In January 1912, when New York’s state entomologist issued a report on the appearance of the insects in 1911, he was nearly breathless: “The large size of the insects, their immense numbers, the accompanying roar, the spectacular injury and unique life history, all combine to excite popular interest in the periodical visitations of this remarkable species.”
 

Ciracadas are good to eat.

Experts say that the best way to eat cicadas is to collect them in the middle of the night as they emerge from their burrows and before their skins harden. When they are in this condition—like soft-shell crabs—they can be boiled for about a minute. It is said they taste like asparagus or clam-flavored potato.
Mature cicadas should be boiled while still alive to kill any bacteria, and already-dead cicadas should never be harvested because they could be decomposing. Also, anyone with allergies to shellfish, which belong to the same family as cicadas, should avoid the bugs altogether.
– Cicadas sautéed in butter and garlic.
– Dipped in chocolate for a sweet, crunchy snack.
Ice cream laced with cicadas is not illegal to serve to the public are boiled bugs were covered with brown sugar and milk chocolate, then mixed in with an ice cream base of brown sugar and butter

Facts: Only the males sing.
Circada Roar
Cicada song
Cicadas in Greece
A single Cicada calling
The females are lured to the sound and fly nearer. A female responds to a male with a flick of her wings. The two gradually draw close to one another until they meet for mating.
• In China male cicadas are kept in cages in people’s homes so that the homeowners can enjoy the cicadas’ songs.
Musician and philosopher David Rothenberg is playing in a musical celebration 17 years in the making: the emergence of the cicadas. This summer, these noisy insects will come out in droves to molt and mate—filling the air with their characteristic buzzing. Explore the extraordinary mating rituals of these and other six-legged creatures to find out what their songs are saying, why they’re saying it, and how this knowledge is impacting our understanding of communication, behavior, and the ecosystem in Cicada Serenades: Music, Mating, and Meaning.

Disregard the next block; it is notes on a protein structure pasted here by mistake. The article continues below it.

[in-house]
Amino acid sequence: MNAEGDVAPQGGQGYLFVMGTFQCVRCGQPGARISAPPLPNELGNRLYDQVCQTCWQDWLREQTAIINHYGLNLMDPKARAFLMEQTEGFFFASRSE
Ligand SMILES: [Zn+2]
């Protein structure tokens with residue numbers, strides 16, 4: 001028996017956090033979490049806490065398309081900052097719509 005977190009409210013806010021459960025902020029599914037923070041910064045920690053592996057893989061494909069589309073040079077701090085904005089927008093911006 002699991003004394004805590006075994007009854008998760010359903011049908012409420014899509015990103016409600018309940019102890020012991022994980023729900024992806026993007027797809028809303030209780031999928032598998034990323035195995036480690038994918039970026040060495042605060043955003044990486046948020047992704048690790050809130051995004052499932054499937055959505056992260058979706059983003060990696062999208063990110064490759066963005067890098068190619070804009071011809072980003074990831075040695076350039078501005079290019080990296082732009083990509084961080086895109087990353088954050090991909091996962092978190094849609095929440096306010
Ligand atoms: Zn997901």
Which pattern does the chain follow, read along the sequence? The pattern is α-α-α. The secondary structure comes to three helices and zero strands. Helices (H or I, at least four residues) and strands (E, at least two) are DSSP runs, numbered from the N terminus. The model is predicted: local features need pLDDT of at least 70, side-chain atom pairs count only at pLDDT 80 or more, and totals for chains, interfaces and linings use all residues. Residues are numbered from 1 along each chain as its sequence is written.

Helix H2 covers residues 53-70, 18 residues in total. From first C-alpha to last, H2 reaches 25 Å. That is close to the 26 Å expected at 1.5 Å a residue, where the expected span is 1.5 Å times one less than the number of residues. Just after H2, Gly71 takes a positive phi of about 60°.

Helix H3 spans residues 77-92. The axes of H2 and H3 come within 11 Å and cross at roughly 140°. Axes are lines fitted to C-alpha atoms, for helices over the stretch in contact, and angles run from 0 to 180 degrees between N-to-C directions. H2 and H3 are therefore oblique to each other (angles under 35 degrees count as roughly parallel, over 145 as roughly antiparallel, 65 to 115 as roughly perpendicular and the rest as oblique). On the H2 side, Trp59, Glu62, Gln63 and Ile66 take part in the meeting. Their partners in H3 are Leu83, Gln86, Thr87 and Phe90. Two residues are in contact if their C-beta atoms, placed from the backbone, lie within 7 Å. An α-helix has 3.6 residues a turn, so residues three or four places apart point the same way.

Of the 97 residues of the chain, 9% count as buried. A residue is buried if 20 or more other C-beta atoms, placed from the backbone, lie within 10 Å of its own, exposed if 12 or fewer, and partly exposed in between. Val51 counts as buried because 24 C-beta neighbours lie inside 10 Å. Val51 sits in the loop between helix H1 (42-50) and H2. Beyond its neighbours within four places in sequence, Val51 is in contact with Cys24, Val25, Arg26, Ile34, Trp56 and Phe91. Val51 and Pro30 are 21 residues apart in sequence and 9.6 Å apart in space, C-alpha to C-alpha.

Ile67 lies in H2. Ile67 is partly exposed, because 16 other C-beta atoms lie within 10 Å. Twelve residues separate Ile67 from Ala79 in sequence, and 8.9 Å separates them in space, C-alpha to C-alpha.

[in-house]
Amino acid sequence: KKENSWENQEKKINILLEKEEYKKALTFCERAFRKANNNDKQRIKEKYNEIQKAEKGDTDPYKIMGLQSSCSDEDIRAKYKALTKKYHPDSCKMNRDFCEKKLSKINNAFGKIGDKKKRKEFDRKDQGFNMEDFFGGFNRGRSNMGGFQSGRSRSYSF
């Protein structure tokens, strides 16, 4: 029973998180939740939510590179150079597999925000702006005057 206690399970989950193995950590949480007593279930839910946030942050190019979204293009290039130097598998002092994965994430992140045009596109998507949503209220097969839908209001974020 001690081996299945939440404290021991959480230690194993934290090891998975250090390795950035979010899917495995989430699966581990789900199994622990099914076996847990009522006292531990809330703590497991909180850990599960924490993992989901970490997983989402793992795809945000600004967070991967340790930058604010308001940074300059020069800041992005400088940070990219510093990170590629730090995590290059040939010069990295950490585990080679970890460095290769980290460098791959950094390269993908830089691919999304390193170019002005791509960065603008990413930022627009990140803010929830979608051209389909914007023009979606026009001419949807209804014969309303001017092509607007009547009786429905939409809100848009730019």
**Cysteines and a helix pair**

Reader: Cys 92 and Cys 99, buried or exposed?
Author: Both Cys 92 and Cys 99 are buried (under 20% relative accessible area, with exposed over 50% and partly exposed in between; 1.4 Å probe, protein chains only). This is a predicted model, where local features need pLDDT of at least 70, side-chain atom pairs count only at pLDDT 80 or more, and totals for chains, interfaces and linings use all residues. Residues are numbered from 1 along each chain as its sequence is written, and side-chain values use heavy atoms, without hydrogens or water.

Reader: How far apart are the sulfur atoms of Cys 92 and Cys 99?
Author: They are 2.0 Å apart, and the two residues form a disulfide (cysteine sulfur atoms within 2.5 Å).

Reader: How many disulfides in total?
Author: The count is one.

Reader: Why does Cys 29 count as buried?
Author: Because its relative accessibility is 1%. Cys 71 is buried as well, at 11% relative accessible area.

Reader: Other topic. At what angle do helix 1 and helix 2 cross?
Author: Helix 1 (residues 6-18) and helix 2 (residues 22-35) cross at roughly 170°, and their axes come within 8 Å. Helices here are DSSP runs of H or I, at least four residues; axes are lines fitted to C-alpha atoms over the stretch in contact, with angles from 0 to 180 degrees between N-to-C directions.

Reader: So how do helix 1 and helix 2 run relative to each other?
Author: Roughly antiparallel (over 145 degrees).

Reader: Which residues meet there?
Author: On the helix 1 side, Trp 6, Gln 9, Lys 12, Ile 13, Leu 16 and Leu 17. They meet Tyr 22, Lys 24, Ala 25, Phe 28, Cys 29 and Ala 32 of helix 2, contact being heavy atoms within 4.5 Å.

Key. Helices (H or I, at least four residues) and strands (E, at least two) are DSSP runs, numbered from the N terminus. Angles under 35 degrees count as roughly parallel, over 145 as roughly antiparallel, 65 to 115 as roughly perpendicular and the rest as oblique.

Most authors are agreed that the cicada was used by the Chinese as a symbol of rebirth, although a few suggest additional (17, 18) or alternative meanings (3) such as “harvest time,” “autumn,” “fertility and abundance,” or “life giving principle.”
The depictions of cicadas on the early bronzes vary from quite realistic (6) to highly stylized (13, 16, 17, 22, 24) and almost leaflike (16). In some cases they are associated with another beast. Munsterberg (17) says that “in several instances the tiger is shown spitting out a cicada.” Later he says that “the t’ao t’ieh daemon is also frequently shown with a cicada on his outstretched tongue.” Bachhofer (2) refers to dragons in moderate relief, “their bodies… covered with a diminutive cicada pattern.” Speaking of bronze vessels he states that the heads of serpents are identical with the heads of cicadas. Certainly the “snake-head” with a “tongue” that rattles, terminating handle of a ritual bronze sword shown on page 39 in Fontein and Wu (13), looks more like a cicada than a snake head. Could the rattle have even been an imitation of a cicada’s call? Even a rattlesnake does not rattle with its head, and in this case there is apparently no snake body, only the “head.” The rattle mechanism looks like a wing, not a snake’s tongue.
In addition to bronzes, cicadas have been found decorating Shang white pottery ware (2). Laufer (16) reproduces (from ancient manuscripts) cicadas on ceremonial jade axes, jade cups, and a jade buckle which also includes a mantis.
These “sacred animal symbols” (17), cicadas, were used during the Han period (202 B.C. – 220 A.D.) or earlier as jade carvings (9), variously called “funeral jades,” “amulets of death,” “tongue amulets,” or “Han y?,” meaning “placed in the mouth,” according to Burling and Hart (3), who note that the term does not mean “made in the Han dynasty,” as some students assume, but that the items so designated “may date from many centuries earlier or later.”